“The amounts withdrawn comprise a small fraction of the assets we currently hold on hand, and we are actively working on additional routes to enable withdrawals for the rest of our user base. We are also actively investigating what we can and should do across the world.”

This assertion, and the subsequent fall-out, eventually prompted the Securities Commission to clarify that it had not given FTX Digital Markets permission to release customer funds or prioritise/give preference to Bahamian clients. In a statement issued more than 48 hours after FTX’s original tweet, it warned that such payments would be treated as “voidable preferences” and likely subject to being “clawed back” by the provisional liquidator.


ohdrap4 1 year, 5 months ago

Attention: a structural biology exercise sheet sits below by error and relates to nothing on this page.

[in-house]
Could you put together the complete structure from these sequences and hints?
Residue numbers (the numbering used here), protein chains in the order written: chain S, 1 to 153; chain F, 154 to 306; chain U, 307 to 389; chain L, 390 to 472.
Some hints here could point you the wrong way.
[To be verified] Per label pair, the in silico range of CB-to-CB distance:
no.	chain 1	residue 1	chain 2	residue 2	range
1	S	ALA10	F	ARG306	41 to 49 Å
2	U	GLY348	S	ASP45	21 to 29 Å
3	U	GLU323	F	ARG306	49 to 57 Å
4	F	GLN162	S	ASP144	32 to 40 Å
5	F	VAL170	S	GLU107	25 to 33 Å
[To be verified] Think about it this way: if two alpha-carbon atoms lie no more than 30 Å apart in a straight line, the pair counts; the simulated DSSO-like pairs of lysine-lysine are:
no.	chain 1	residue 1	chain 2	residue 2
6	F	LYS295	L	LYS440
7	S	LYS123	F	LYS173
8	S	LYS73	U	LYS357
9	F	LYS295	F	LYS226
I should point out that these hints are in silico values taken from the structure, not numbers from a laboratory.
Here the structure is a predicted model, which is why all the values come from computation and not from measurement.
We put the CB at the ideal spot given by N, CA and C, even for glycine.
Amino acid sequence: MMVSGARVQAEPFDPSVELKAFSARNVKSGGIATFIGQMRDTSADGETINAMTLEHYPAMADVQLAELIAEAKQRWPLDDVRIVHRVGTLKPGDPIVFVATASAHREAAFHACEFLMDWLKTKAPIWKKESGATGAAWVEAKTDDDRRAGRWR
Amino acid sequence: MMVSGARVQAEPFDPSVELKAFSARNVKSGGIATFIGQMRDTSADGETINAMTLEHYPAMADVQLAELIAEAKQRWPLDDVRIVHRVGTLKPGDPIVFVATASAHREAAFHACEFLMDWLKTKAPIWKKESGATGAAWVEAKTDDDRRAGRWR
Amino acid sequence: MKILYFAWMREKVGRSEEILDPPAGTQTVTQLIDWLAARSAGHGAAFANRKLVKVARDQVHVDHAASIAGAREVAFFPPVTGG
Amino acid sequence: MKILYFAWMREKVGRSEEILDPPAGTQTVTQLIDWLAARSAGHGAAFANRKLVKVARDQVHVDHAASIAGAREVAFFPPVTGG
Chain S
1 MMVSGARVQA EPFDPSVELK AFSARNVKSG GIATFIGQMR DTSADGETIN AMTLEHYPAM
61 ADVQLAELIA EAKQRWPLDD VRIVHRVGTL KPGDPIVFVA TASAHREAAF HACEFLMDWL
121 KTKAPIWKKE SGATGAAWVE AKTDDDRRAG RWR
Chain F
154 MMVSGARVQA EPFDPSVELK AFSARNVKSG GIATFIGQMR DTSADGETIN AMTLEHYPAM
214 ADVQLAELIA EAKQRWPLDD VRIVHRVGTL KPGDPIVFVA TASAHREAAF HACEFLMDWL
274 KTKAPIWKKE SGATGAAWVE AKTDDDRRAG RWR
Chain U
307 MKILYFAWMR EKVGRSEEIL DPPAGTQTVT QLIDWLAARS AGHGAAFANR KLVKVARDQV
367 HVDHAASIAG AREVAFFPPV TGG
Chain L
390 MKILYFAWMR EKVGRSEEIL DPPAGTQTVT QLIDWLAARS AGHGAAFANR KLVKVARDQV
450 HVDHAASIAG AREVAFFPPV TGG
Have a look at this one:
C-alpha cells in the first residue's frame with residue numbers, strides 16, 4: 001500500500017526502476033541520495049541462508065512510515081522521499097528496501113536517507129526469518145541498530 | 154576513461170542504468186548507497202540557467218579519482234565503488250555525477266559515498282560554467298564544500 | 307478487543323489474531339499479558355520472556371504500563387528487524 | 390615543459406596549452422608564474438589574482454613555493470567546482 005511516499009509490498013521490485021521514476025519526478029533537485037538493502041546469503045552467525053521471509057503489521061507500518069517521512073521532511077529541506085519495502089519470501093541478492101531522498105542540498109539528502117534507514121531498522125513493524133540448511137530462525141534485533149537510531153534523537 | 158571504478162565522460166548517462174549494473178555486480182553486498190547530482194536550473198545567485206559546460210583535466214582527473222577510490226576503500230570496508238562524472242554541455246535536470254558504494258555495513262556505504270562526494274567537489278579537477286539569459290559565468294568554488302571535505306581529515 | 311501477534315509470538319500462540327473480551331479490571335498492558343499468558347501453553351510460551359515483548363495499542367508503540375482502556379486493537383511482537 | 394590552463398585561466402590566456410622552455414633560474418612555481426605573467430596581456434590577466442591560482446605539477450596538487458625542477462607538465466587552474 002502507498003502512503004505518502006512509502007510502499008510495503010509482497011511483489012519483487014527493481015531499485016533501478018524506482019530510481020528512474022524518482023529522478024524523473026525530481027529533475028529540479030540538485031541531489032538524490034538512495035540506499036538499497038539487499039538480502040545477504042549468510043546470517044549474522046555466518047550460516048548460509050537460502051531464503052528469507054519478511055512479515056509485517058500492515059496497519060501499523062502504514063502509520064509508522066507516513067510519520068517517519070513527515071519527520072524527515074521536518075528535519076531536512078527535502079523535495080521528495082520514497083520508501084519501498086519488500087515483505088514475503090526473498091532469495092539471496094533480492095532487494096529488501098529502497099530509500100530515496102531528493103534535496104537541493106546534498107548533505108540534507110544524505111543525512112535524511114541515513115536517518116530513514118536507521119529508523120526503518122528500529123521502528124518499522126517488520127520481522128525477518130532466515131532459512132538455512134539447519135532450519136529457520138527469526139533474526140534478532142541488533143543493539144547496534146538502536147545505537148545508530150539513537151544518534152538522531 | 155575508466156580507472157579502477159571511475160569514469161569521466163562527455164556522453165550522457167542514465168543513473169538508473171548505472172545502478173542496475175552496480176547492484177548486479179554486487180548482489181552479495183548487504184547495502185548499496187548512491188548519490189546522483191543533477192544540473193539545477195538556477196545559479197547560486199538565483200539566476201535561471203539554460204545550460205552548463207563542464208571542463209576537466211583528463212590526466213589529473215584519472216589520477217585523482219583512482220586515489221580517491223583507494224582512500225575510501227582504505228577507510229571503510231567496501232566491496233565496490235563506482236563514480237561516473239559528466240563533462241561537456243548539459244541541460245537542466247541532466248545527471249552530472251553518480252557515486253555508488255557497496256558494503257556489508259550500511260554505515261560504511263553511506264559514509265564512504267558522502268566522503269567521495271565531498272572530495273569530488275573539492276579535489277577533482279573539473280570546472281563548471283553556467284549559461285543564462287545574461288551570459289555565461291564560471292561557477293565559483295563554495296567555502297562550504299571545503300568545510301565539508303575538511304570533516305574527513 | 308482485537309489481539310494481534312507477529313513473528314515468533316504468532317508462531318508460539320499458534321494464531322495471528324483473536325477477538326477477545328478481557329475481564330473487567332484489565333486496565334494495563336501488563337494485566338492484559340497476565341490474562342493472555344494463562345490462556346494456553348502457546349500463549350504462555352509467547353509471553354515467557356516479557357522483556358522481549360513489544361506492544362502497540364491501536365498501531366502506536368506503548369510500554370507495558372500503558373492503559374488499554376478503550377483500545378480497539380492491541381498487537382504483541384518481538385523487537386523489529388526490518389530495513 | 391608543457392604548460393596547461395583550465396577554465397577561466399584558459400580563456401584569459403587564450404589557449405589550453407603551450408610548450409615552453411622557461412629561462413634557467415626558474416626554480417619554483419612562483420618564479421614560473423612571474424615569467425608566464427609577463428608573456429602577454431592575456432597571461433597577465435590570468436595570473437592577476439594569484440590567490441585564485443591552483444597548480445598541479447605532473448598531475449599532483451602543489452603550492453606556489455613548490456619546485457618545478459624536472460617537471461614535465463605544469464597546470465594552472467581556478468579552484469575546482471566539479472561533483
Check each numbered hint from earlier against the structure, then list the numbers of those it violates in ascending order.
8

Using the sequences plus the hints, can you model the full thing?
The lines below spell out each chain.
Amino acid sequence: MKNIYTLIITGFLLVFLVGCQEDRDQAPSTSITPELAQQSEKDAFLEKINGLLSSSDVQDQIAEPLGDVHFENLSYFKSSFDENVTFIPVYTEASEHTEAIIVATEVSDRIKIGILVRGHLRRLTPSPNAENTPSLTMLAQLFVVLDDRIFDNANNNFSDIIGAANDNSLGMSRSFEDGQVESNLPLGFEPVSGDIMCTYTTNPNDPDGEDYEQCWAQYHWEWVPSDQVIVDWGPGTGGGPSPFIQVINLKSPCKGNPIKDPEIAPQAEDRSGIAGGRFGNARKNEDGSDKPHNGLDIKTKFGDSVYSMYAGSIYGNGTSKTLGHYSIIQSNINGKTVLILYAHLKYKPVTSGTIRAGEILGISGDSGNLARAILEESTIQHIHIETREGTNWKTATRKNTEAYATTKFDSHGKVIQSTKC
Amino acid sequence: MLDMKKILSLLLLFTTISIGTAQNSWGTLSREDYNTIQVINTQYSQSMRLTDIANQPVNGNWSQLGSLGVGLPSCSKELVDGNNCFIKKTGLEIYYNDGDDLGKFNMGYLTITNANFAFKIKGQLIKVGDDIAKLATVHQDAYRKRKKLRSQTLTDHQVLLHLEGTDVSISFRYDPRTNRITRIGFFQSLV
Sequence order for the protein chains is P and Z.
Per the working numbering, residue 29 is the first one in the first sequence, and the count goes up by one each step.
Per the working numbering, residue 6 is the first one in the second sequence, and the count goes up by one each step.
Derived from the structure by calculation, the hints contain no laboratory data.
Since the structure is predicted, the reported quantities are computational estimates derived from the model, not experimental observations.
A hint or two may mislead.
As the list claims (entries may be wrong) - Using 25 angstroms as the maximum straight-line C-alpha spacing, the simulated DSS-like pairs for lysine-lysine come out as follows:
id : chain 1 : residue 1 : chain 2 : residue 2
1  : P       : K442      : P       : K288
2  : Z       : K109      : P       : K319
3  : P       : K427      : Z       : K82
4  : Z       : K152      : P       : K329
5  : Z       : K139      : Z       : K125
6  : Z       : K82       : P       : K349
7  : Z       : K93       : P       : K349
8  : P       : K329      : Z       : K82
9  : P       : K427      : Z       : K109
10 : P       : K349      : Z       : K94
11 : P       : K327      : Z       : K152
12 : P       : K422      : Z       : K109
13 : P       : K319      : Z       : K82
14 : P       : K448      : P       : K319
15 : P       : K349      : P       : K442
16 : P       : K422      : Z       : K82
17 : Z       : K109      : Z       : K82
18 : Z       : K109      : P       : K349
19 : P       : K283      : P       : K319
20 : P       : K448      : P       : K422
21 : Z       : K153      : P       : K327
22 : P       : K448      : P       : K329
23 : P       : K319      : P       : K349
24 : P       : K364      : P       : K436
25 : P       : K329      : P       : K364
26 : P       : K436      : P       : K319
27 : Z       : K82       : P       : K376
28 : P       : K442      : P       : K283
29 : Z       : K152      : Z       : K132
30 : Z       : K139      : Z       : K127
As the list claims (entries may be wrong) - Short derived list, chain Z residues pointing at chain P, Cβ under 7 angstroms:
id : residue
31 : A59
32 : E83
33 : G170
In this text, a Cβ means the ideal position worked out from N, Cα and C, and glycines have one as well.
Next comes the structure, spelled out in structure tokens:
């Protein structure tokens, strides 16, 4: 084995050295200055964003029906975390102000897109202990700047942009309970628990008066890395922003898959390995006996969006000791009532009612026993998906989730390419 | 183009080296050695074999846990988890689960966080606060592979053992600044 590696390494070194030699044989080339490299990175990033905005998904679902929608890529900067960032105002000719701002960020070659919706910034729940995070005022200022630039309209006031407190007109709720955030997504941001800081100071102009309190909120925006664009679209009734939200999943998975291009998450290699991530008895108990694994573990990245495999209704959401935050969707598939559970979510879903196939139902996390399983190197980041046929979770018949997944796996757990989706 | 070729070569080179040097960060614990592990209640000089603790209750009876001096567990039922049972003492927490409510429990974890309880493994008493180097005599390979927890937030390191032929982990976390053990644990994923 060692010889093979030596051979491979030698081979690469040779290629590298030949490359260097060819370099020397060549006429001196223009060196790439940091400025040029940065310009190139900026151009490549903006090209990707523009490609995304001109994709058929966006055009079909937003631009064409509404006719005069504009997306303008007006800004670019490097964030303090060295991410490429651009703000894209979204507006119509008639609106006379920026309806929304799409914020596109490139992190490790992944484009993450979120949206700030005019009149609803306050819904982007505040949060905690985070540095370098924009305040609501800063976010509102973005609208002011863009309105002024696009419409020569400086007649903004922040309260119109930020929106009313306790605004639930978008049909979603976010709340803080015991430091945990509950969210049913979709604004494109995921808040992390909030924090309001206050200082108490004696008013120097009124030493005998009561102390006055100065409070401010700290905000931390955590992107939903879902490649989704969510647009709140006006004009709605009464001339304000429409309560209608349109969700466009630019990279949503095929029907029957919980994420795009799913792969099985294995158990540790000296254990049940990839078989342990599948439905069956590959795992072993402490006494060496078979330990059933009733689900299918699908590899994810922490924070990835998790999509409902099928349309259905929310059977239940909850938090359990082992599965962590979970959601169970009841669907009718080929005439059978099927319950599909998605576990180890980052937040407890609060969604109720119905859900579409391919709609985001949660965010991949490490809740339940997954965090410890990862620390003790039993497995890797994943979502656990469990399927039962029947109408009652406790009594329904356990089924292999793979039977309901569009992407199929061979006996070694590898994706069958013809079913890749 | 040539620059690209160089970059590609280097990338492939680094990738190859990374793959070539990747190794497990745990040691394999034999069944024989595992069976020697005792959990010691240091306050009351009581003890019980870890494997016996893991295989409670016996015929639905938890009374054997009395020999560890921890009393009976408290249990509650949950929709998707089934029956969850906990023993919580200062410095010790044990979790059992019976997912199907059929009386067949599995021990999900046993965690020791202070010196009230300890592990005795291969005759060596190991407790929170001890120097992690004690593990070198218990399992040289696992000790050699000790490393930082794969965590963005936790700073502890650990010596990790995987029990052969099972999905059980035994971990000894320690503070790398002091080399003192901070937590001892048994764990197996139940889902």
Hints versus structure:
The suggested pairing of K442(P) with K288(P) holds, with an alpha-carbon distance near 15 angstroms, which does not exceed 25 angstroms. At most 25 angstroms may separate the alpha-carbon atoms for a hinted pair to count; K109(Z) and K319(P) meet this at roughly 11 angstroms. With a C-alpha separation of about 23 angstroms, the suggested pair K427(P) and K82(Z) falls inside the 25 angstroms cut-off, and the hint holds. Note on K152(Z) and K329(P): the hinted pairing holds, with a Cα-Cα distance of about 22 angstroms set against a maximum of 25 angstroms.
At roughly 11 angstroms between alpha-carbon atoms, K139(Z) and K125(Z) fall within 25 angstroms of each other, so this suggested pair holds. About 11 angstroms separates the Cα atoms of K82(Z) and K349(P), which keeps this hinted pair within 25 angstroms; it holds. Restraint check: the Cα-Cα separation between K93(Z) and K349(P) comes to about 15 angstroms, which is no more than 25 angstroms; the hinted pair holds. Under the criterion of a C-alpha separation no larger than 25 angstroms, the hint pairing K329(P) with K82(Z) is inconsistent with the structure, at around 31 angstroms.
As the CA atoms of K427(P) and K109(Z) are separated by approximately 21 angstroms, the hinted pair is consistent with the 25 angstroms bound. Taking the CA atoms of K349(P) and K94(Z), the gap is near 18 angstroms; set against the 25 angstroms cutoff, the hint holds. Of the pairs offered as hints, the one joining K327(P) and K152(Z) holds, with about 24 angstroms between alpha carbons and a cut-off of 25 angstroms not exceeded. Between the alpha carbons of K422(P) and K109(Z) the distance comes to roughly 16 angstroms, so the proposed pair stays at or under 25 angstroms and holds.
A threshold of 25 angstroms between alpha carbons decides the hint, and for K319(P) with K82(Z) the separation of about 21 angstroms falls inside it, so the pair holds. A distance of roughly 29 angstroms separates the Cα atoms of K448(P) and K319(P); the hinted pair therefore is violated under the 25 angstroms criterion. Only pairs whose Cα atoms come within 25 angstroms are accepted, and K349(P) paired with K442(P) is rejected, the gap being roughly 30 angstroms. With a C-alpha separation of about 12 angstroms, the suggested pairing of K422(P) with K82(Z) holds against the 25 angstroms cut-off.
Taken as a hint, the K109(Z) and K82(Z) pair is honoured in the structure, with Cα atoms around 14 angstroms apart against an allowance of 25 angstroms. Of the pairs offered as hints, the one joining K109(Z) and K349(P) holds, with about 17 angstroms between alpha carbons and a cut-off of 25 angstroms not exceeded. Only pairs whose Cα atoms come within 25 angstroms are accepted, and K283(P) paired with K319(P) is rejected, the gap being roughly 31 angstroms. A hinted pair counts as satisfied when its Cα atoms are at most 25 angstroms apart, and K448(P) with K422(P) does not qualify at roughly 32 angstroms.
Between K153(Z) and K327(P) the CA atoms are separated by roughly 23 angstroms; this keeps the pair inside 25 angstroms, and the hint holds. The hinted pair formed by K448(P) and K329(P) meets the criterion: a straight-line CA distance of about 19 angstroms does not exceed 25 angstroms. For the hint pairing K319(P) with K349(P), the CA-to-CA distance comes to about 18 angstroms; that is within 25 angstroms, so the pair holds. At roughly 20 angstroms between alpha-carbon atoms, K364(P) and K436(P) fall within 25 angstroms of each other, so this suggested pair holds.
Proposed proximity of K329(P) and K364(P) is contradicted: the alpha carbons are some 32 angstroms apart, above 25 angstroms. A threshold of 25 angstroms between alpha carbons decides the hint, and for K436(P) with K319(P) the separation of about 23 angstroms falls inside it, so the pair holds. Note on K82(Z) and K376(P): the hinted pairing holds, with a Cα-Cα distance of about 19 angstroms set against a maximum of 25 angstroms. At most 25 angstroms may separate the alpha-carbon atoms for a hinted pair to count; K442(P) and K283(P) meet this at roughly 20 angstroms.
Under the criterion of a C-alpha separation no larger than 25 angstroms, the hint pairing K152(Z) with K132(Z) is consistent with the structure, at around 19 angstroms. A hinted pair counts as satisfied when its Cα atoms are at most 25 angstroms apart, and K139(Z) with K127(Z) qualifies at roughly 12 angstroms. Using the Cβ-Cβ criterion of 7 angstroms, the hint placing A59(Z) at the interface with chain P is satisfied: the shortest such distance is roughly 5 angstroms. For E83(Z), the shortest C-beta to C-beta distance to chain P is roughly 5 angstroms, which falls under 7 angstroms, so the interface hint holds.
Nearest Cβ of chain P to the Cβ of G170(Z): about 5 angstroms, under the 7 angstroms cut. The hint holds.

admitted he prioritised withdrawals for Bahamas-based investors to avoid being hunted by crowds of angry locals.

When Bain town woman catch a fire, even the devil run. you better run, SBF.


ThisIsOurs 1 year, 5 months ago

Sam lives in Albany, what angry locals does he come into contact with?? And if he's so aftaid, call the US Embassy Im sure theyll be happy to give him a first class ticket back to the US, Full military escort if he wants


GodSpeed 1 year, 5 months ago

lol good luck getting that money back, if that even happened. Wouldn't be getting my money if it was me.


TalRussell 1 year, 5 months ago

Well, hell no.

You wouldn't' wanna upset crowds of in emotional distress angry natives', — Yes?


TalRussell 1 year, 5 months ago

Well, yes.    The Revolution with Talk Radio Presenter, Journalist Comrade Juan "Mr. Carmichael's" confusing stance be questioning what he describes as **those peoples" who demands that..

The Recipients of ill gotten** monies in whatever form or manner, are obligated to return proceeds which never was Sam Bankman-Fried to dish out.

It was/is/ still remains the now collapsed Crypto Exchange's clients' monies, — Yes?


tribanon 1 year, 5 months ago